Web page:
My Columbia River - Kris Parke

Nelson Creek, Skamokawa Area

I am Kris Parke. I worked in a summer project with Hayden Miles, Joel McEntire, Claire Cothren, Paul Cutberth, Becky Hoven, and Kaylyn Kaattari, called the Nelson Creek Project. The project was originally John Doumit’s idea, a now retired FFA teacher. Jeff Rooklidge, a science teacher at Wahkiakum High School, taught and supervised us. Karen Bertroch, Director of Wahkiakum Community Foundation, found our funding, and organized many of our activities.

Our group conducted a scientific survey of Nelson Creek. People have told us, many times, there are so many watersheds in our area that the professionals in the field do not have enough time to monitor them all. That is why there needs to be more organizations like us. Properly trained local groups could monitor watersheds in their area, and then report their findings. This would allow the knowledge of the area to be greatly improved.
 
Some people might say, “It is just a little stream. In the summer, it’s just over a cubic foot of water traveling through per second.” That may seem like only a little, but every day 1,440 cubic feet of water flows into the Elochoman, and then into the Columbia River. In the winter there is often 21 cubic feet of water traveling through the stream every second. That is the equivalent of 30,240 cubic feet of water per day.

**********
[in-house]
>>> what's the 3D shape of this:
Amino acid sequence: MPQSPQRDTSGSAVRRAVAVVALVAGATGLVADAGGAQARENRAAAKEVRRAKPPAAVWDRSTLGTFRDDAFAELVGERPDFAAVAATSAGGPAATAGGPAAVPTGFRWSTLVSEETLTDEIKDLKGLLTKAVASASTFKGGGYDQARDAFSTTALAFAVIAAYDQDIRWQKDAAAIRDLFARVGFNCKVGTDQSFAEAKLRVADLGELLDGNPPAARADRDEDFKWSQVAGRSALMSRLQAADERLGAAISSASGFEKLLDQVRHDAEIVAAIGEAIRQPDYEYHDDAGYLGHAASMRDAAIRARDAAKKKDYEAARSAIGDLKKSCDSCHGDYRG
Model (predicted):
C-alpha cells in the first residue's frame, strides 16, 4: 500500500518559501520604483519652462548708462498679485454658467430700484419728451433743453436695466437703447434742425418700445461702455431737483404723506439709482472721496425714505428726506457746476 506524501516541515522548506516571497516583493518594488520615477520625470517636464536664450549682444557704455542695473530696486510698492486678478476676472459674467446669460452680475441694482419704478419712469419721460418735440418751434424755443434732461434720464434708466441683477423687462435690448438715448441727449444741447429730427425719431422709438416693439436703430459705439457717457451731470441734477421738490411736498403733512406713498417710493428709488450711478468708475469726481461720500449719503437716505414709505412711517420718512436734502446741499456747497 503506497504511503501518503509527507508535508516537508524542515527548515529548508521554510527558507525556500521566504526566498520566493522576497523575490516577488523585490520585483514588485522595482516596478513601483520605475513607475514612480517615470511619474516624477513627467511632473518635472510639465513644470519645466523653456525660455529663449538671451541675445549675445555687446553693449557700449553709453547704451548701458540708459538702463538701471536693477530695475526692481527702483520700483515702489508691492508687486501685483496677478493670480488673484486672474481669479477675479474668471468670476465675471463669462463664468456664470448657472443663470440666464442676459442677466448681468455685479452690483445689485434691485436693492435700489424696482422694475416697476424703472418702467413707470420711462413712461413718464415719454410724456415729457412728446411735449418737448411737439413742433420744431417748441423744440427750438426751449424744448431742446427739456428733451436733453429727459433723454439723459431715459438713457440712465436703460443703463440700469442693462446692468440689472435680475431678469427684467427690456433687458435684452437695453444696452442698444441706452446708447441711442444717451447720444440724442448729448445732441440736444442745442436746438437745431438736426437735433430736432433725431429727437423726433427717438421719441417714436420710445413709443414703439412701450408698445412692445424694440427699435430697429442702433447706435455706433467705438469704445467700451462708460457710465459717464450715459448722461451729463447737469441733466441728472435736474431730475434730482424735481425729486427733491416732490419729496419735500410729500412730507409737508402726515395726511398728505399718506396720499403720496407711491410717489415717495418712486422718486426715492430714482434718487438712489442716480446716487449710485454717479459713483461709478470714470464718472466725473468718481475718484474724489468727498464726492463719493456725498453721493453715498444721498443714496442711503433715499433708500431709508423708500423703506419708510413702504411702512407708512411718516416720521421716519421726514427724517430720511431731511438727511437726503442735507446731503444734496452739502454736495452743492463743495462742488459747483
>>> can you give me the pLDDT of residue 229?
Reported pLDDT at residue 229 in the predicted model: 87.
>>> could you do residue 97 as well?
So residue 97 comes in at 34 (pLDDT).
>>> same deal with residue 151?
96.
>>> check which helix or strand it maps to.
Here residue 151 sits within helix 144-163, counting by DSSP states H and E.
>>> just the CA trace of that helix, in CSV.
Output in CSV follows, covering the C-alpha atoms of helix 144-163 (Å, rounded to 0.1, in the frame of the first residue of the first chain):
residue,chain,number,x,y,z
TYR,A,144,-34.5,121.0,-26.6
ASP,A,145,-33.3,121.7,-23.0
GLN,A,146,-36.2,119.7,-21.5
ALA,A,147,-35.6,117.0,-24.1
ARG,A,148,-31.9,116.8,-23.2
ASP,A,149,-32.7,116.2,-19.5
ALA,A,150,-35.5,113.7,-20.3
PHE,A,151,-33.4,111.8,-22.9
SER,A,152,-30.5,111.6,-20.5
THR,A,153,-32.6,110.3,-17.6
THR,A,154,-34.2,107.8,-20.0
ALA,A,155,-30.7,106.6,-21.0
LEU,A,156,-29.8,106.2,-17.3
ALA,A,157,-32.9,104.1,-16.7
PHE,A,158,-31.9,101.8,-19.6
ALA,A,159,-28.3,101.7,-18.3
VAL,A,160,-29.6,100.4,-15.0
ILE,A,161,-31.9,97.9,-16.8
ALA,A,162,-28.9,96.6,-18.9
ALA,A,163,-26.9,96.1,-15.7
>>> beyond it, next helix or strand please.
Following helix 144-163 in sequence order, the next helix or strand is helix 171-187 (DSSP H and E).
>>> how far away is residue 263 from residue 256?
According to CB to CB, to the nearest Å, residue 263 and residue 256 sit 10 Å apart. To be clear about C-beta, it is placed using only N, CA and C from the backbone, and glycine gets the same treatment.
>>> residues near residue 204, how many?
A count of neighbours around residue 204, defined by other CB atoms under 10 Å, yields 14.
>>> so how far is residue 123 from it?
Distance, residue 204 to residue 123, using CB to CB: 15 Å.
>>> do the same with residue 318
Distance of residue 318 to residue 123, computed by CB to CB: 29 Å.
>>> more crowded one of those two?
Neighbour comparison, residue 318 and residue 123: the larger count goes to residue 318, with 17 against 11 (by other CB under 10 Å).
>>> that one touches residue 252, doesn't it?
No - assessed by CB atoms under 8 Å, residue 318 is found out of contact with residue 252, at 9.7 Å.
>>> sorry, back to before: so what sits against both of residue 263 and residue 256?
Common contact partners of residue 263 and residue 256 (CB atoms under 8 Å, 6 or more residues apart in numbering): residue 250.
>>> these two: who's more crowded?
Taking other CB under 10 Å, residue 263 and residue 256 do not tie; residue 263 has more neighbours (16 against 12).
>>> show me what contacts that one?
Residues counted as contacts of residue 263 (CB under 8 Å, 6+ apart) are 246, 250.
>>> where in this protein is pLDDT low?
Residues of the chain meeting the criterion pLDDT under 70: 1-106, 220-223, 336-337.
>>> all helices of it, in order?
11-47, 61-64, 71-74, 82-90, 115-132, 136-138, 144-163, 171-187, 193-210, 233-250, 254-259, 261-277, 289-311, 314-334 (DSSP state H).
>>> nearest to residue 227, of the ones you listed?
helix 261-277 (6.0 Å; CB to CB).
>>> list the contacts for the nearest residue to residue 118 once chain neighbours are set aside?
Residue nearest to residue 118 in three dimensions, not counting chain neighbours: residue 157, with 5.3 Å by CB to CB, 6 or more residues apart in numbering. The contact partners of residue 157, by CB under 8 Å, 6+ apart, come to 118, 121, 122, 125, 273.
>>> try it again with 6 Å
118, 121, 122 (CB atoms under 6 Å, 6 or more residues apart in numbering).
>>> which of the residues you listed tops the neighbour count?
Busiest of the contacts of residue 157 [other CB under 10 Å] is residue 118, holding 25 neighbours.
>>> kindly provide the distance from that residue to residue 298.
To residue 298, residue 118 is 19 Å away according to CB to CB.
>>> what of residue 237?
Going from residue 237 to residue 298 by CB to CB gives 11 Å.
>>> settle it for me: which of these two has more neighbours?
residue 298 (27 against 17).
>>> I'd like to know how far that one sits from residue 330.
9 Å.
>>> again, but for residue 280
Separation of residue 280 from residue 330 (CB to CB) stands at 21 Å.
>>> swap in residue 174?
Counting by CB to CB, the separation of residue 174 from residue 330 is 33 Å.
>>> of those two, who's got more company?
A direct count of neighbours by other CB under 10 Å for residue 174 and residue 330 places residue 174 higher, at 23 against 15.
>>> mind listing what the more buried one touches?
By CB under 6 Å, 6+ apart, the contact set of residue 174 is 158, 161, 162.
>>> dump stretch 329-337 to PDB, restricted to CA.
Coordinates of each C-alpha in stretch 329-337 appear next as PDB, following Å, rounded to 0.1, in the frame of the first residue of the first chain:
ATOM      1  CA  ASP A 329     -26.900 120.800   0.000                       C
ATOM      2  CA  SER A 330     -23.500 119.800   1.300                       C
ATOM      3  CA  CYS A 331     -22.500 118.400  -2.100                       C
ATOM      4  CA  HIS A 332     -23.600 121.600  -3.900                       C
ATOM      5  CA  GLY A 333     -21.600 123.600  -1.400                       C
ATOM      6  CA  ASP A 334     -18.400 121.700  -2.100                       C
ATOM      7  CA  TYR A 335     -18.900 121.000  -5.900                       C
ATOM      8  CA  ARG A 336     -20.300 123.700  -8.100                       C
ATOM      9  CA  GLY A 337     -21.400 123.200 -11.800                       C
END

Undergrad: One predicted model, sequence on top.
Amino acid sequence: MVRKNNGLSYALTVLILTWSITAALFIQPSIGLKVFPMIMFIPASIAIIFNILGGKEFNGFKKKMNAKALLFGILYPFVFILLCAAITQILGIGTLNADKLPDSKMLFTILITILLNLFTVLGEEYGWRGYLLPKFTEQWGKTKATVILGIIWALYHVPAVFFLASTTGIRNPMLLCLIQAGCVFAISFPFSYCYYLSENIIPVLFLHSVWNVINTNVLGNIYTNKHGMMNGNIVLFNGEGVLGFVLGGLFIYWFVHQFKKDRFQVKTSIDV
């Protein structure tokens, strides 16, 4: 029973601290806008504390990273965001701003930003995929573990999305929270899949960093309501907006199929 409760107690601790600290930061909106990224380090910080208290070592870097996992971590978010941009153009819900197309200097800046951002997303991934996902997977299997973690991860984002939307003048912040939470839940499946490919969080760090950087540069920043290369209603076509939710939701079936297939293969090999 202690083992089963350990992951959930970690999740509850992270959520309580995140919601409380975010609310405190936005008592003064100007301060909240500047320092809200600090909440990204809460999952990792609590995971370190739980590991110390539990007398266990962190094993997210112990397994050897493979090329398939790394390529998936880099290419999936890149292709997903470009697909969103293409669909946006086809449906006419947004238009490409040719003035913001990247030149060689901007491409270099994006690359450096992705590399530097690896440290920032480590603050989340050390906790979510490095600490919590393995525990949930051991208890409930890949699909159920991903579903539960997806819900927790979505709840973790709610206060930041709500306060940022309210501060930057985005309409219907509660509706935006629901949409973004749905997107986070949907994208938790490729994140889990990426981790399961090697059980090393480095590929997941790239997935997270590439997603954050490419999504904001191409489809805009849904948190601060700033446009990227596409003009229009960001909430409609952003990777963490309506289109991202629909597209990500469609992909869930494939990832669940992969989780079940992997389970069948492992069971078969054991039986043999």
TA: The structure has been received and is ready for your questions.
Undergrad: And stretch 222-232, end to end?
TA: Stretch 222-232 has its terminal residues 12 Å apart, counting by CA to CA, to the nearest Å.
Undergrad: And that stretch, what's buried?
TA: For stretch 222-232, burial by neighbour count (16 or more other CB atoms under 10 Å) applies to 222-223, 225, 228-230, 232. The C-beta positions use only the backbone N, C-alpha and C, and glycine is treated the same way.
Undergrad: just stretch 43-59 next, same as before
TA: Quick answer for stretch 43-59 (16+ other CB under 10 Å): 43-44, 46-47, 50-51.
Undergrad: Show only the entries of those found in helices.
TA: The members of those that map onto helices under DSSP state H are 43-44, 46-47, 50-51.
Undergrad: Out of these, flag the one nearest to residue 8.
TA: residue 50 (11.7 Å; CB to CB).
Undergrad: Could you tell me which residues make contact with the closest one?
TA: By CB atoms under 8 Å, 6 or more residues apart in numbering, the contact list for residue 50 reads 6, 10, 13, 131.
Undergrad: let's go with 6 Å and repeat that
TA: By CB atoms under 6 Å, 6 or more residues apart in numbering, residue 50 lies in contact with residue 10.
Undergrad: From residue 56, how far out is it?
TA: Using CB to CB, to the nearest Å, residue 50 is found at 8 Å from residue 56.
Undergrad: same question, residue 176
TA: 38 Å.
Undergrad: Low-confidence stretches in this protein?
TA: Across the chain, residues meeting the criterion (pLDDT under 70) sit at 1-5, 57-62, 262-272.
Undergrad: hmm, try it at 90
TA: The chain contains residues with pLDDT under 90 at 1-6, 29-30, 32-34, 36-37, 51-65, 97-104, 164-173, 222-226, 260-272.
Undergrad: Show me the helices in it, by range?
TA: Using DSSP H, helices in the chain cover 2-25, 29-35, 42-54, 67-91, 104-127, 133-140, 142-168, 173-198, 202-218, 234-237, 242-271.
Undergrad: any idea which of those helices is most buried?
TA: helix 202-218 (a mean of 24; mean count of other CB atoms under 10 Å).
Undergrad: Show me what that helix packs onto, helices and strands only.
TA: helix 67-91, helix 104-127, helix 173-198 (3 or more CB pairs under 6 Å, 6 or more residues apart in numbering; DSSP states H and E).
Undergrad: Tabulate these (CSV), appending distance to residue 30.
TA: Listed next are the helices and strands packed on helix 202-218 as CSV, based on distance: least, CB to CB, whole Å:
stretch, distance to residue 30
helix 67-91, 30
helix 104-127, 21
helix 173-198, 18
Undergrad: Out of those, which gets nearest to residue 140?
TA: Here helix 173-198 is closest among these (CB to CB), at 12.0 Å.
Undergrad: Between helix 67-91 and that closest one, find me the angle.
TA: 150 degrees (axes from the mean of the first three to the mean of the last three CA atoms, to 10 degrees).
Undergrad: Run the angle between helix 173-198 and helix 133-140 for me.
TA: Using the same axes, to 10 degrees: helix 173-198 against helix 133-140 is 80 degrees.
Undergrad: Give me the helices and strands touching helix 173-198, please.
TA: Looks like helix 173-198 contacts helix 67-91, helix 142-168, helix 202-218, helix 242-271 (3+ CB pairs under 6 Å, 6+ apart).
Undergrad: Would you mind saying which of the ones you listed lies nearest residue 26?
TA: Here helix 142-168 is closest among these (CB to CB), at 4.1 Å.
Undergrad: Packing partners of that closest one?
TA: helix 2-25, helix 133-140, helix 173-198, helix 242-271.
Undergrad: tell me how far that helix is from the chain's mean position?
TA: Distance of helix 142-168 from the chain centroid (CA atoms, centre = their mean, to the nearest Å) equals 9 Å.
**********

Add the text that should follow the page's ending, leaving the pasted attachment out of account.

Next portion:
We tried to get all sides of the picture. To do this, we learned from professionals in the field of science, such as Ian Sinks from CLT and Allan Whiting from CREST. Then, we talked to local landowners who have lived here for generations. We also observed a Debriae logging operation and talked to Mark Stanley, a logging safety inspector, to learn about the forestry practices in place to protect streams, such as buffer zones, and the SFI stamp. Finally, we talked to Wahkiakum County Commissioner Dan Cothren about owl circles and murrelet nest sites.
 
Another issue we discussed was noxious weeds. Knotweed can spread several ways in our area. It can send out rhizomes through its roots, which allow large clumps to grow, and the nodes, or places where a leaf stalk branches out, can grow into a whole new plant if they are washed down stream. Purple loosestrife can also spread extremely rapidly. Each mature plant can have approximately thirty flower heads, and each head is capable of producing two to three million seeds per year. These noxious weeds are a huge problem because they crowd out our native wetland plants, and ruin the diversity of the ecosystem. The most common control method for knotweed is injection with a glyphosate herbicide. There is a biological control method for purple loosestrife, two species of Galerucella beetle and a root-eating weevil (Hylobius transversovittatus).
 
In order for the health of our watersheds to improve, we have to start small and get all the small watersheds healthy, and work our way downward. If we get the small watersheds as close to their natural state as possible, the rivers they feed into, such as the Columbia will improve themselves. If we keep this attitude, and get our communities involved, I think we could keep our area healthy, and improve it for generations to come.
 
Kris Parke participated in the 2005 Nelson Creek Project. The project was funded primarily by a grant from the Lower Columbia River Estuary Partnership. Parke and fellow student Hayden Miles won awards at the statewide FFA Spring Fair for the project.